If you’ve ever felt persistent sadness, anxiety, irritability, and fatigue, you may be depressed. And you’re not alone. Depression is a common mental health condition that affects 19 million Americans.
Those symptoms, along with trouble sleeping, sleeping too much, and feeling hopeless or worthless, can interfere with your day-to-day life.
Thankfully, there are ways to treat and control your depression. But can you separate fact from fiction when it comes to depression treatment?
Don’t be misled by myths surrounding depression treatment. Learn the facts and help yourself seek appropriate care.
Fact. One study of 74 people with depression published in the Journal of Psychiatric Research found 52 percent of those given the injection experienced an improvement in their symptoms.
Fact. Exercise is a proven remedy for depression and can work as effectively as medication for some people. Even taking a brisk 10-minute walk may provide hours of relief from depression symptoms.
Myth. Combining Saint-John’s-wort with prescription antidepressants could cause a fatal increase in the brain chemical serotonin. Taking the herb could also reduce the effectiveness of many prescription medications, including antidepressants, birth control pills, blood thinners, and some cancer drugs.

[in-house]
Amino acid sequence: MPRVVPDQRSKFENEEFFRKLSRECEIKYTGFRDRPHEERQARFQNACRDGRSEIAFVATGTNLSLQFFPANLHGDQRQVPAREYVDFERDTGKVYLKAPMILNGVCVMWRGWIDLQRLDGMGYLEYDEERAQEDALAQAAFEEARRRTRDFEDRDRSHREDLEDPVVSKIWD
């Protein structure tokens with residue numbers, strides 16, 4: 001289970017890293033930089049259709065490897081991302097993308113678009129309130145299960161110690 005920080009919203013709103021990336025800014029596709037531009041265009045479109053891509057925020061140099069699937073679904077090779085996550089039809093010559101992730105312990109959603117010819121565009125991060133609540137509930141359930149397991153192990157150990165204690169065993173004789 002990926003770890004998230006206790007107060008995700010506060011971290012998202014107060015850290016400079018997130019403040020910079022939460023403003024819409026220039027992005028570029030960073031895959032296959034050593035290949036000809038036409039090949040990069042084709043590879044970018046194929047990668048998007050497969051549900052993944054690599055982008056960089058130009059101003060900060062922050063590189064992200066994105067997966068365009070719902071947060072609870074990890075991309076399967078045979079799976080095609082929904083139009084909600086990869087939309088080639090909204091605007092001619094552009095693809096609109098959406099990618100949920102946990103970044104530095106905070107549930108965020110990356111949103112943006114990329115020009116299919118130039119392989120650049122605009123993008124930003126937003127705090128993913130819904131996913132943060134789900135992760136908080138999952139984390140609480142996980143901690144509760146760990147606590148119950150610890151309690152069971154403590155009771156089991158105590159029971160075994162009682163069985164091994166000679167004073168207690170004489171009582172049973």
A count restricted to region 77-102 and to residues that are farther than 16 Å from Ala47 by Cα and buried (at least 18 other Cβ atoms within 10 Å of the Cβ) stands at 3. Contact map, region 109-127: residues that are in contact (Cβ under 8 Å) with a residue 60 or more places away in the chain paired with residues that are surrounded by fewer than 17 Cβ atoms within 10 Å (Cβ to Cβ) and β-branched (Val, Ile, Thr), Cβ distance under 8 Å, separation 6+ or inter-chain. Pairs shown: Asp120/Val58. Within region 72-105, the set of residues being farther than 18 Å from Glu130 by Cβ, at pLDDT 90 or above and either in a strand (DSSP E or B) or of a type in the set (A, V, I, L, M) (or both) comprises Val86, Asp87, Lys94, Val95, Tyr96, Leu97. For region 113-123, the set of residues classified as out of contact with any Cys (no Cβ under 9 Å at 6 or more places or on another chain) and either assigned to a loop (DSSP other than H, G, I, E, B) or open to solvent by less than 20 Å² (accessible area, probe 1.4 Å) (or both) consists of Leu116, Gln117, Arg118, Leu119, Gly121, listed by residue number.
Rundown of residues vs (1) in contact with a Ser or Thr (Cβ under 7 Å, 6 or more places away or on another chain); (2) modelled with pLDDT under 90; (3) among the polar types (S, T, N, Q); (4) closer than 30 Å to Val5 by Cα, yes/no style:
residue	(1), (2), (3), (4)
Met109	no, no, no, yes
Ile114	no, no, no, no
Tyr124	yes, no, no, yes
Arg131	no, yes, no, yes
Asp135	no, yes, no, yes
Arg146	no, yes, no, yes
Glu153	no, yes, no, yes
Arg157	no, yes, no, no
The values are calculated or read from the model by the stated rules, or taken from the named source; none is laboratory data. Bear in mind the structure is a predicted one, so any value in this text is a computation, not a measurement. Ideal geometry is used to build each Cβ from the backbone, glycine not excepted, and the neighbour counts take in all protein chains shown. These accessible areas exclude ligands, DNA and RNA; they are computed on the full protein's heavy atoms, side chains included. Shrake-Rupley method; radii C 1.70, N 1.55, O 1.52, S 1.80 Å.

Although you may find relief from depression using other avenues, seeking help from a mental health professional is the one proven remedy. If you believe you could be depressed, ask your doctor to recommend a therapist or psychologist who can provide a diagnosis and treatment.
Research shows the most effective treatment for depression often includes a combination of antidepressant medications and psychotherapy, which teaches you how to identify negative thoughts and behavior patterns and replace them with positive ideas and behavior.
There are a variety of antidepressants available. You may have to try more than one to find what works for you.
If you think you may be depressed, visit Mental Health America at www.liveyourlifewell.org and search for “take a depression screening” for a free, confidential test to determine whether you have depression symptoms.